In a statement, Scribd CEO Trip Adler said:

With millions of people around the world continuing to shelter in place, having access to different forms of enrichment is more important than ever before. We’re thrilled to be partnering with leading consumer brands to offer a more accessible way for consumers to easily stay informed, entertained, and connected. Scribd is designed to help people explore the world’s best content, and now, with the launch of our new Scribd Perks platform, there is even more premium content to discover.

 

Startups – TechCrunch

Digital Products Startup – Giving Co-Founder Profit Share vs Equity

I will be launching an online digital products start up later this year. Once launched the company can start generating revenue fairly quickly as there is minimal overhead (as with most digital products) and we have a highly scaleable marketing strategy (mostly online ads).

Recently I approached one of my mentors (a high profile figure within our niche industry) to propose we collaborate on the companies initial product offer (utilizing his likeness & image) and split all net profits 50/50. He was not only onboard with the idea, but he also expressed further interest in being apart in growing the company as a whole.

He wants to form a partnership in which he strategically helps the company grow as an advisor and also setting up meetings with other high profile figures (his network is wide with access to many notable figures IE celebrities he has worked with before) and potential investors, while I take care of the day to day operations and overall company direction.

In addition, he has access to contribute some resources (equipment, workspace, some initial [small] capital, etc) to help the company create our first initial products.

He just asked me to send him a document outlining potential terms for our partnership in the business. Besides the 50/50 split of net profits from his self-branded digital product, we did not discuss specific numbers or titles as to what our partnership could look like.

My thinking was to bring him on as a co-founder / limited partner while I retain the CEO / Founder moniker. Given that the company can start generating revenue quickly I figured it might make more sense to offer a profit sharing program instead of a traditional vested equity offer that takes years. This not only provides him with a quick ROI but also provides me the bonus of me keeping control of the company and minimizing giving out equity (especially as this person will not be working full time on the business).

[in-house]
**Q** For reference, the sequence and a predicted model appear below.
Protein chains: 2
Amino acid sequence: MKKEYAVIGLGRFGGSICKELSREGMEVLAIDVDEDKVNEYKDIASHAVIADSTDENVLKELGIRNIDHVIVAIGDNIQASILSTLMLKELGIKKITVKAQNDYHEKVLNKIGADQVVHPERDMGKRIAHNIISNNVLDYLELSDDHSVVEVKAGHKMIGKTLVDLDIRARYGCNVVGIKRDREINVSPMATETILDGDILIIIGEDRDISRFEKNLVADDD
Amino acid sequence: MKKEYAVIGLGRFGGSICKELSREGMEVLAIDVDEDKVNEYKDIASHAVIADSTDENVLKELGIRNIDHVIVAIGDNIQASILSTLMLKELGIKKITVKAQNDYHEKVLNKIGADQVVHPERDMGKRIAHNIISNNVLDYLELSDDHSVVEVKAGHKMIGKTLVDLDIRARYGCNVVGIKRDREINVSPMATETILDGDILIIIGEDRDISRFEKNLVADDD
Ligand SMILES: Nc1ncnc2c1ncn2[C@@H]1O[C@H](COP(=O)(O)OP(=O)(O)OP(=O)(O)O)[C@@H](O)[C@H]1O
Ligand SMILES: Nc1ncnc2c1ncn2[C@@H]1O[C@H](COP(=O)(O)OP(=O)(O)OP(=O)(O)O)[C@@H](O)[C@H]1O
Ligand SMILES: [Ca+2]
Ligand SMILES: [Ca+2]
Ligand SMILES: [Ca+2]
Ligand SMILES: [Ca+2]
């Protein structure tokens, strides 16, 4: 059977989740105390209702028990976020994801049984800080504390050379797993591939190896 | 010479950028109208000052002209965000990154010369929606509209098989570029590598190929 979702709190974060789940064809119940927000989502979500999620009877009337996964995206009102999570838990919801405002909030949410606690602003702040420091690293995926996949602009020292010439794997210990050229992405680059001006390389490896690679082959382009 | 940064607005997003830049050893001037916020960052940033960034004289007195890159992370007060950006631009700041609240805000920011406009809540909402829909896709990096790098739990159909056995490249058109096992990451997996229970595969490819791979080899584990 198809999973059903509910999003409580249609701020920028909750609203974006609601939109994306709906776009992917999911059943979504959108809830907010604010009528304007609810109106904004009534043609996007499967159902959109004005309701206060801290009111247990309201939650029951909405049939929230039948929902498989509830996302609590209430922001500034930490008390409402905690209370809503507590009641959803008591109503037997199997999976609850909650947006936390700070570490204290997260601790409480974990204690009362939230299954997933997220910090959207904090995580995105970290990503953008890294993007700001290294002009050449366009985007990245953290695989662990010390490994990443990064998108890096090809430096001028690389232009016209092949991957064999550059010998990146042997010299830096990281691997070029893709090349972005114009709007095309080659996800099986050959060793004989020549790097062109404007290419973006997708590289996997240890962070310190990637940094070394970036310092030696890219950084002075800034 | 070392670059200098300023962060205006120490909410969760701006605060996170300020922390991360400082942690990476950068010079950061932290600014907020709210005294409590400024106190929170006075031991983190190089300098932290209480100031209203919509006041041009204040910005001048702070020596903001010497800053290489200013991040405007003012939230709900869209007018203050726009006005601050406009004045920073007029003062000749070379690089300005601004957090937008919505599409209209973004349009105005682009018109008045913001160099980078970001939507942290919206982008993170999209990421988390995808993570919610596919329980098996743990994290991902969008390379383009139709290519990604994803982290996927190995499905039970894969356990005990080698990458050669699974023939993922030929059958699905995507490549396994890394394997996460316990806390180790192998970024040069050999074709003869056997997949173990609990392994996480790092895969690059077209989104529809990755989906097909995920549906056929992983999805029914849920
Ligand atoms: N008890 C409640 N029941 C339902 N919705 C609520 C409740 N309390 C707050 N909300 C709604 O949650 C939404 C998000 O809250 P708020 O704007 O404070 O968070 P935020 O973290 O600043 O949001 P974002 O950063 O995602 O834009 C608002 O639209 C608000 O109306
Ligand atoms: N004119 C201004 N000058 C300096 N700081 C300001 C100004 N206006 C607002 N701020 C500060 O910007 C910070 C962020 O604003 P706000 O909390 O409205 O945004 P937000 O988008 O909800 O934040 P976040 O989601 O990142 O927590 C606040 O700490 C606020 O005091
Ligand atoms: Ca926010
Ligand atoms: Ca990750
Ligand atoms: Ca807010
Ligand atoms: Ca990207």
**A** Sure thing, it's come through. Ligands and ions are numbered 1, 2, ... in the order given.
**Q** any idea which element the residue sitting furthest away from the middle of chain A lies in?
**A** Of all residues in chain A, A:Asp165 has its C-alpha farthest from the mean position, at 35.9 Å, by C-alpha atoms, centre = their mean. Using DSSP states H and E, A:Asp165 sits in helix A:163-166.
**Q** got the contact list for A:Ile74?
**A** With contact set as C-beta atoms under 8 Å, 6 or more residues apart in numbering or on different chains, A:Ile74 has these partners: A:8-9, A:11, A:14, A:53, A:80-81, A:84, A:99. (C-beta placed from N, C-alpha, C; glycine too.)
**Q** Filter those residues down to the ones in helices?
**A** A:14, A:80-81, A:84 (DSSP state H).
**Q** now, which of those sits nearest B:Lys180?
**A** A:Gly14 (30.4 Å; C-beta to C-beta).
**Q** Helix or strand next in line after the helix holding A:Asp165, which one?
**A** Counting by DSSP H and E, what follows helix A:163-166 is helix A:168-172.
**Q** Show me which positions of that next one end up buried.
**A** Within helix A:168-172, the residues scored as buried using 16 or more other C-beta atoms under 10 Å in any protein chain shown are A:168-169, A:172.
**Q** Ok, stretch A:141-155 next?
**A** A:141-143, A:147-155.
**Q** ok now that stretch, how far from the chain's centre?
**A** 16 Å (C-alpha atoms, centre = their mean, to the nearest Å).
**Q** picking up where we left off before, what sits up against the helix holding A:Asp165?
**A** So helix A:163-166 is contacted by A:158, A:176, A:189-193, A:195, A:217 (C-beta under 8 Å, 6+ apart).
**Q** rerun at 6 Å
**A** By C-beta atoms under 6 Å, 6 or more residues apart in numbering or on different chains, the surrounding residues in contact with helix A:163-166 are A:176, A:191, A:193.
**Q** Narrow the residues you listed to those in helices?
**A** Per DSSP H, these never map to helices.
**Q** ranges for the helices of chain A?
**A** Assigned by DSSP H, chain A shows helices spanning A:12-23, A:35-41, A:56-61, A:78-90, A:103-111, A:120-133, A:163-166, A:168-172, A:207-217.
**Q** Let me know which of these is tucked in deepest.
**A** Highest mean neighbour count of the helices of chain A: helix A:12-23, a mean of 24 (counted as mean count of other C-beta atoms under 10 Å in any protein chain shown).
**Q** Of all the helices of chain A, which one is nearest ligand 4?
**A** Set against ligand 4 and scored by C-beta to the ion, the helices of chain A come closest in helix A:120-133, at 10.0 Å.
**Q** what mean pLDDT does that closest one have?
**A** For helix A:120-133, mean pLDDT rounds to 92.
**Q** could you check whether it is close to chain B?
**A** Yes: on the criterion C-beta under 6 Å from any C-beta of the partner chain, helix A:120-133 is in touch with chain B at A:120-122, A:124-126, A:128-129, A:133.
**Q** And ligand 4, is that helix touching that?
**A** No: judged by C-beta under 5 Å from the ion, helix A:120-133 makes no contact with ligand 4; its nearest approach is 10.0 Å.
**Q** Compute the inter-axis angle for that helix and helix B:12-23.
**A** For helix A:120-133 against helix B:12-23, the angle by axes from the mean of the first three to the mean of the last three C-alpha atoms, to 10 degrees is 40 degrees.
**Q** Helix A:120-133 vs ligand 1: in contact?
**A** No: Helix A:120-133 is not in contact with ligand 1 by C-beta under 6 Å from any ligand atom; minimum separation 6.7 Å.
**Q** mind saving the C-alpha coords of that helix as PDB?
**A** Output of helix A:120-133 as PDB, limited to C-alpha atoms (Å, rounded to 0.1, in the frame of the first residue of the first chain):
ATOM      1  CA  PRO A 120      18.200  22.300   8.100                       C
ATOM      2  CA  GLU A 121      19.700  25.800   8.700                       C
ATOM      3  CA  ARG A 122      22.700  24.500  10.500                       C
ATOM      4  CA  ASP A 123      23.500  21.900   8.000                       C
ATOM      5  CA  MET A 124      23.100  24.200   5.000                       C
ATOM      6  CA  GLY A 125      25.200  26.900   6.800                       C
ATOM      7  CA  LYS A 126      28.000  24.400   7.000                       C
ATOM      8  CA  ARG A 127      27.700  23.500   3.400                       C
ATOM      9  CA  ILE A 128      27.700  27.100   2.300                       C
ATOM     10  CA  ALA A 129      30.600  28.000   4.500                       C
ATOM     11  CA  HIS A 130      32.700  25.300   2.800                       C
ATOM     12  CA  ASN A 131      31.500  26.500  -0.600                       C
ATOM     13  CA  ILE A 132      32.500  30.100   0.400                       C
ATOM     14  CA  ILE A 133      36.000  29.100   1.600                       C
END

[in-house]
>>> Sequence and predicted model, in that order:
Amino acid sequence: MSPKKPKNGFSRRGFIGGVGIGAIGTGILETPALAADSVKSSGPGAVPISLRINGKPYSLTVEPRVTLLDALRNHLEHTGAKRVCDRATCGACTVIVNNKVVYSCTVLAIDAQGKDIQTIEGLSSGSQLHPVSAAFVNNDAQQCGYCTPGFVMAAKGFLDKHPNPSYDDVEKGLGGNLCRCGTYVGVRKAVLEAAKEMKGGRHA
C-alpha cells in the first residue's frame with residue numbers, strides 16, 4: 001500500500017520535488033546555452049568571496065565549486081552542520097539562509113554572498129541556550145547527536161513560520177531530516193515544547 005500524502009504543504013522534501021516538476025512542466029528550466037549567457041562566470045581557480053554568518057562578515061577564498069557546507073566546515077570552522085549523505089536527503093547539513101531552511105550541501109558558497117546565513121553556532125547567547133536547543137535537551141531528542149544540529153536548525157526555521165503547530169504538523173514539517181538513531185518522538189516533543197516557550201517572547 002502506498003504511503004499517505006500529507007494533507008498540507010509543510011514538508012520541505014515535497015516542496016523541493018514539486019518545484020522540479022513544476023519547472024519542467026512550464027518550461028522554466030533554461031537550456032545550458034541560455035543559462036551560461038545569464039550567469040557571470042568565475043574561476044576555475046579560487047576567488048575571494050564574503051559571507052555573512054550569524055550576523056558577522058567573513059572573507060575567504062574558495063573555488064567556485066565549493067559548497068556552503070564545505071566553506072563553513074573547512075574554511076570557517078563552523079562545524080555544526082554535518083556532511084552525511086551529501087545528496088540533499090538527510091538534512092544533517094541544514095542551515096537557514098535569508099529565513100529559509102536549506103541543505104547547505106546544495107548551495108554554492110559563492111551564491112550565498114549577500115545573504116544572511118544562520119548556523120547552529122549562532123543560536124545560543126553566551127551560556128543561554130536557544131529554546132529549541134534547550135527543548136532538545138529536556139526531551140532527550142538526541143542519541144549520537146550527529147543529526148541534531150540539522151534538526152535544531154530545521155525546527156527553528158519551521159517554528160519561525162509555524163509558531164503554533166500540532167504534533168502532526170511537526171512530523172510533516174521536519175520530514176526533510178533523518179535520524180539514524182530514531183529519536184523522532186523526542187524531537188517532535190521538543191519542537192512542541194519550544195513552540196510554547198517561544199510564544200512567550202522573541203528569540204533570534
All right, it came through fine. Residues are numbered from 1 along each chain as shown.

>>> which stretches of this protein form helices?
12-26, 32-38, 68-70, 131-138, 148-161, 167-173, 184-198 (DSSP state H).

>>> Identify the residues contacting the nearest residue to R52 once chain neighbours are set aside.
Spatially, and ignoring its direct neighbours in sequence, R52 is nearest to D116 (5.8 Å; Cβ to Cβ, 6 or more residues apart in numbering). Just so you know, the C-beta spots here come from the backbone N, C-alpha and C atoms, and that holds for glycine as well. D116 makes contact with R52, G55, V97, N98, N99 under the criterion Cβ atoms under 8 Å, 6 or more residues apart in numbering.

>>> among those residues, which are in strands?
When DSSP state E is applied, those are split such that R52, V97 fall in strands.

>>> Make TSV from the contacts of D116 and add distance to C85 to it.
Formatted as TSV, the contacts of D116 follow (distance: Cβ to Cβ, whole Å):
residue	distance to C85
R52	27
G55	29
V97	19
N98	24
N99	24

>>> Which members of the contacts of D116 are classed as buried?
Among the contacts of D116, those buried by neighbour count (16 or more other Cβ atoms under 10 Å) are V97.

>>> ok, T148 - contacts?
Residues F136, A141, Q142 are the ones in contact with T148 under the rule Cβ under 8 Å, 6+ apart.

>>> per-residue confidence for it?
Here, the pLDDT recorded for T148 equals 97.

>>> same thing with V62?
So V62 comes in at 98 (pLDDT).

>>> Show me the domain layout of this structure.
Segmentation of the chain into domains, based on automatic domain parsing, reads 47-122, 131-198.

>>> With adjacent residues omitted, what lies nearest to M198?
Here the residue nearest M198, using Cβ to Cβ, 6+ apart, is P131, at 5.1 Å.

My proposal at the moment is as follows:

50% of net profits to the partner for all sales of his own self-branded digital product

10% of net profits to the partner for all sales of digital products from notable figures he onboards to the company (IE: If he sets up a meeting a high-profile "influencer" who signs a deal with us to create their digital products on our platform, the partner gets 10% of those sales)

An alternate structure that came to mind is to have somewhat similar profit sharing numbers as these, but then to also offer a small piece of milestone based equity (lets say 5% – 10%) (IE: Successful launch of the partners self-branded digital product = 3%, hitting over 100k rev on the product = another 2%, successful on-boarding of high profile figure = an additional 3%, etc).

Curious to know what you guys think on this kind of structure? Also, does it make sense to give my mentor the co-founder / partner title given all the variables listed above? Would a Multi-Member LLC, partnership, or S-Corp make more sense for the business formation?

Pardon the long post. Although I am very experienced in the creation of the digital product we will be offering I am not particularly experienced with partnerships & business structures so I am seeking some general feedback to formalize my thoughts before I spend money on legal experts (which is certainly the next step). Thank you!

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Startups – Rapid Growth and Innovation is in Our Very Nature!

Facebook Is Giving Away $100M Free Ad Credits. Apply Now

Facebook is giving away$ 100M Free Ad Credits. Larry Kim detailed how to do apply along with some tools to get started with Facebook ads. Facebook says it will accept up to 30,000 eligible small businesses in more than 30 countries to receive the grant. To be eligible to apply, a business must meet these requirements: […]

The post Facebook Is Giving Away $ 100M Free Ad Credits. Apply Now appeared first on TheDomains.com.